The Mars Volta | 04.17.08

mars-volta.jpgThe important thing to realize from this show was that the band didn’t just play for nearly three hours straight, but that they played well for three hours straight.





The Pageant, St. Louis

Two hours and fifty minutes. That is a good chunk of a day. A lot can be done in just under three hours. The top athletes of the Boston Marathon run the event in well under two hours and fifty minutes. Many MLB games can be played inside that time period. The average flight from St. Louis to New York City can be flown inside of two hours and fifty minutes. Hell, even the third Lord of the Rings movie wasn’t that long. All of these things could have been done inside the time that The Mars Volta played at the Pageant.

The idea of playing for two-hours and fifty minutes most likely scares the crap of most touring acts out there. Many current headliners probably don’t even have enough material to play for that long. So, what made The Mars Volta’s outing even more spectacular is that they did it without ever stopping, no breaks, no intermissions, and no senseless banter with the audience. Just two hours and fifty minutes of explosive, intense, controlled chaos.

With no opening band to warm up the crowd, The Mars Volta’s eight members walked on to the stage to the sound of blaring Mariachi horns over the PA system at 8:15 p.m. The sound of the horns was much like one might hear as a popular bullfighter enters his home stadium. They declared victory before the show ever began. Immediately, the members of the band took their proper positions on the stage and began their assault on the audience with their modern style of Prog Rock. However, after experiencing just one song fromThe Mars Volta, one quickly realizes trying to put them under a specific genre is just another shortcoming of us humans to try and explain ourselves to others. The Mars Volta are more or less without a genre other than just rock. They blend together blues, psychedelic, metal, jazz, and Latin sounds, just to name a few, with unforgiving delight.  

The band started off with a fury on the song "Roulette Dares," a song as epic and full bodied as they come and filled with fluid drums and percussion, soaring guitar riffs and solos, and cryptic lyrics. The Mars Volta started off like they were already fully warmed up and somewhere in the middle of their set. Every song after would be played with the same passion and conviction with many breakdowns and jams that kept the crowd moving all night. One highlight was when, during the popular song "Goliath," guitarist Omar Rodriguez-Lopez and saxophonist Adrián Terrazas-González did a classic duel, matching each others’ notes and trying to top each other. This episode built and built until exploding into another jam by the whole band that had a sound reminiscent of classic Santana. 

Rodriguez-Lopez is the featured musician of the group. His guitar playing is fast and furious with deep throaty tones and high-pitched squeals. He churned out riff after riff. Plus, in an age that looks down on the guitar solo, he launched them from his guitar without any apology, driving the crowd to frenzy every time and especially during the breakdown in the middle of"Cygnus."

Though the band had no problem keeping the audience entertained with their music, singer Cedric Bixler-Zavala’s on stage antics only further riled the crowd. Heconstantly shook and twisted in the most unusual ways and frequently danced a bizarre jig that often slipped into a shamanistic ritual dance. He would turn and flail his hands towards certain band members to give them direction as if he were a mad orchestra conductor. Sometimes he would just belly flop onto thestage and do hand plants then slither around the stage like a snake. At one point, he cracked his microphone stand into the stage with a psychotic rage, breaking it into two pieces, then threw the two halves into the crowd. He was able to follow this up by jumping off the side of the stage into the audience area where he found a large industrial strength trash can that he dragged back onstage with him. Bixler-Zavala dragged it all the way from stage right to stage left and then threw the whole thing into the audience where the trash can began to crowd surf. The best part was none of this insanity was forced. Therewas a sense that he was genuinely driven mad by his band’s music.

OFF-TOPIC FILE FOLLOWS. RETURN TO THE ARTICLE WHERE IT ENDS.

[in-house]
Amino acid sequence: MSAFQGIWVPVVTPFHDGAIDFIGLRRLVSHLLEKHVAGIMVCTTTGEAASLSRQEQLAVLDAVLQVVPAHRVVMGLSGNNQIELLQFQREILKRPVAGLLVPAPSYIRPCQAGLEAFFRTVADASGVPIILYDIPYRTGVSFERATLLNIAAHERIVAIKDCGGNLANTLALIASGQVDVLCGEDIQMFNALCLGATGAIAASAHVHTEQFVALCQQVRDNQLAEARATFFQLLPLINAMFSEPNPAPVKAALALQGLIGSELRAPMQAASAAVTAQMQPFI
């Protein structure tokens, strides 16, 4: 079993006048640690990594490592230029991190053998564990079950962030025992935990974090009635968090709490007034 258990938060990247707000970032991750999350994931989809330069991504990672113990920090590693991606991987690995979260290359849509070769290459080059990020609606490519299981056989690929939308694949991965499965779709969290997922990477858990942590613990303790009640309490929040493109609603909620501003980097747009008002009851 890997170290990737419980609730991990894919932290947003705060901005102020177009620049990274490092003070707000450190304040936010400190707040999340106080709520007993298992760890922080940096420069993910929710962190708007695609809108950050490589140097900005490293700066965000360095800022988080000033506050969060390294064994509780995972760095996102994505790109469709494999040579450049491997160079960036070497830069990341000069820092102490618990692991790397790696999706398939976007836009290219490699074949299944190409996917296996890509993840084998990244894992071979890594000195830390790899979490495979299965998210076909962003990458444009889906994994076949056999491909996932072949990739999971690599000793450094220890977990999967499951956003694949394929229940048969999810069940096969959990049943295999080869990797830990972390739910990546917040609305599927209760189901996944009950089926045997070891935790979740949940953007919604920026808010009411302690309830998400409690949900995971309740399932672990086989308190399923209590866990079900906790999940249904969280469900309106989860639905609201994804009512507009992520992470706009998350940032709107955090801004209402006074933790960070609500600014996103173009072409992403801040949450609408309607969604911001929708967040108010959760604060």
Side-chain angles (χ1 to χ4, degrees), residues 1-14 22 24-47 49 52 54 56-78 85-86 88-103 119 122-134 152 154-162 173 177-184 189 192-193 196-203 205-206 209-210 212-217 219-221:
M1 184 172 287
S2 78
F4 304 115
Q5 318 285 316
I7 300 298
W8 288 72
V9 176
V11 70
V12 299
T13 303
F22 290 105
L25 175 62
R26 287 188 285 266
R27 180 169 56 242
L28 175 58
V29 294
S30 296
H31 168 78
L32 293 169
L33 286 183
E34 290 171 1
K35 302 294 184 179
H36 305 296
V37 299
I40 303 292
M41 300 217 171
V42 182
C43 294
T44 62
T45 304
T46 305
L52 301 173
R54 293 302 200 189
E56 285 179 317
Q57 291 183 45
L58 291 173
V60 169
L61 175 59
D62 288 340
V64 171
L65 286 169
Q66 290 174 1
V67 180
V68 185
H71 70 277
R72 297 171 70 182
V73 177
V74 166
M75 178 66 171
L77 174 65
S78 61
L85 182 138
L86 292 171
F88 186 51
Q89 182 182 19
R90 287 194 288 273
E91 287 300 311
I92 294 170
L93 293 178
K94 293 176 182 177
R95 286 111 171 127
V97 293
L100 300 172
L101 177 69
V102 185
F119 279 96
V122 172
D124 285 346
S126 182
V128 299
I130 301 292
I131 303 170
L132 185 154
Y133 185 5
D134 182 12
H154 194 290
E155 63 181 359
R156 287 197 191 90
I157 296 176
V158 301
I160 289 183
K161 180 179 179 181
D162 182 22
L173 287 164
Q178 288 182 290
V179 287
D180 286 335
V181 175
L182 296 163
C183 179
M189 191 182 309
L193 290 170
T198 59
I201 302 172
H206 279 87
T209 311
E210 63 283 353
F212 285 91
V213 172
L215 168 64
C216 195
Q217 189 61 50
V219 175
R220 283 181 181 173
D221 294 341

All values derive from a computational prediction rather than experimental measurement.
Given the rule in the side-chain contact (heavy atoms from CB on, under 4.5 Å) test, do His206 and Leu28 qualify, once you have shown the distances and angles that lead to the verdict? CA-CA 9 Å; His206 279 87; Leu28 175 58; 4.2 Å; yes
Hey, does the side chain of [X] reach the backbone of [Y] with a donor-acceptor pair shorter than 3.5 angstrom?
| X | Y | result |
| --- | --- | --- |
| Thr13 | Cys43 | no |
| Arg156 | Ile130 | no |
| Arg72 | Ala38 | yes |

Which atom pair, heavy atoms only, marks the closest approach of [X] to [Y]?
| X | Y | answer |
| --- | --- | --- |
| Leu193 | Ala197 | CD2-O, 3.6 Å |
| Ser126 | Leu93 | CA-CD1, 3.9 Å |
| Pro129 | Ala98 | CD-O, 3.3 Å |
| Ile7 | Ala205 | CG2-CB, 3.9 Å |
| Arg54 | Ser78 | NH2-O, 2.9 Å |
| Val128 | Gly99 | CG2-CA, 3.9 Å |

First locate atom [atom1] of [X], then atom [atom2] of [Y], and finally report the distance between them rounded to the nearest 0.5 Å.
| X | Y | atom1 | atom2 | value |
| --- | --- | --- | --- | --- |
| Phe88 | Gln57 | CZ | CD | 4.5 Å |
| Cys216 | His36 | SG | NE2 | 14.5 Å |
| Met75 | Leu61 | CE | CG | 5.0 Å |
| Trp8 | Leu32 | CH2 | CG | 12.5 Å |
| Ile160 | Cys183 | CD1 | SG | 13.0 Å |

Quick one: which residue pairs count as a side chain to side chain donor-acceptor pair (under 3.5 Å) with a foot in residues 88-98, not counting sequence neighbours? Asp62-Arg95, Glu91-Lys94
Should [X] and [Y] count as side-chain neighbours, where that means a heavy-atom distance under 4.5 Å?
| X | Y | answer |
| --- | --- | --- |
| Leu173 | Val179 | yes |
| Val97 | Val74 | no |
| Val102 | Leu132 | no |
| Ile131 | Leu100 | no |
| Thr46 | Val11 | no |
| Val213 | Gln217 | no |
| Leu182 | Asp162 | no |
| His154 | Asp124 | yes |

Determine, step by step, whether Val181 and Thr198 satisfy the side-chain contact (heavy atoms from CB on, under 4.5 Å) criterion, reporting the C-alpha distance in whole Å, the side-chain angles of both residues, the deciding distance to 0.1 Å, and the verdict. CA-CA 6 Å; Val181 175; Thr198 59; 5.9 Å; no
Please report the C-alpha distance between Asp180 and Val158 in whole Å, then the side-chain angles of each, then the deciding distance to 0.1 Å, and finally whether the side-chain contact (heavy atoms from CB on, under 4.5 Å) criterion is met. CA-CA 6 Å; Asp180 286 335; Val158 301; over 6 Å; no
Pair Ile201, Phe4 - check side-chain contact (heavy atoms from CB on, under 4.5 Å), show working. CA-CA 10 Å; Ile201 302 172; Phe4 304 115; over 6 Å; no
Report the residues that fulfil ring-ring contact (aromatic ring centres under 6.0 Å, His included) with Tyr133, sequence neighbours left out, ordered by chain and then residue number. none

If Rodriguez-Lopez and his guitars are the genius of The MarsVolta and Bixler-Zavala and his vocals are the spirit, then the heart was truly the prodigy drummer, Thomas Armon Pridgen. His drums kept the riot of a performance together through the whole night. With miraculous speed and timinghe laid out the platform for the rest of the band to lay their jams over.Throughout the night, most of the band members were turned towards Pridgen and his drum set for guidance and inspiration in their own playing. Some members of the audience commented that he could hold his own against John Bonham or Danny Carey and they were most likely right.

The important thing to realize from this show was that the band didn’t just play for nearly three hours straight, but that they played well for three hours straight. They kept the audience entertained the whole time. Most audience members never left their spot on the floor unless it was to move closer to the stage. About one hour and twenty-six minutes into the show, something seemed to snap in the band. At the point when many bands would start saying their good byes to the crowd, The Mars Volta actually turned the energy up higher. Way higher. They would never slow down for the rest of the night. Though the audience was made up of many seasoned concert goers, three words could be heard often and with sincerity at the endof the night, "Best show ever." |Ryan Parker


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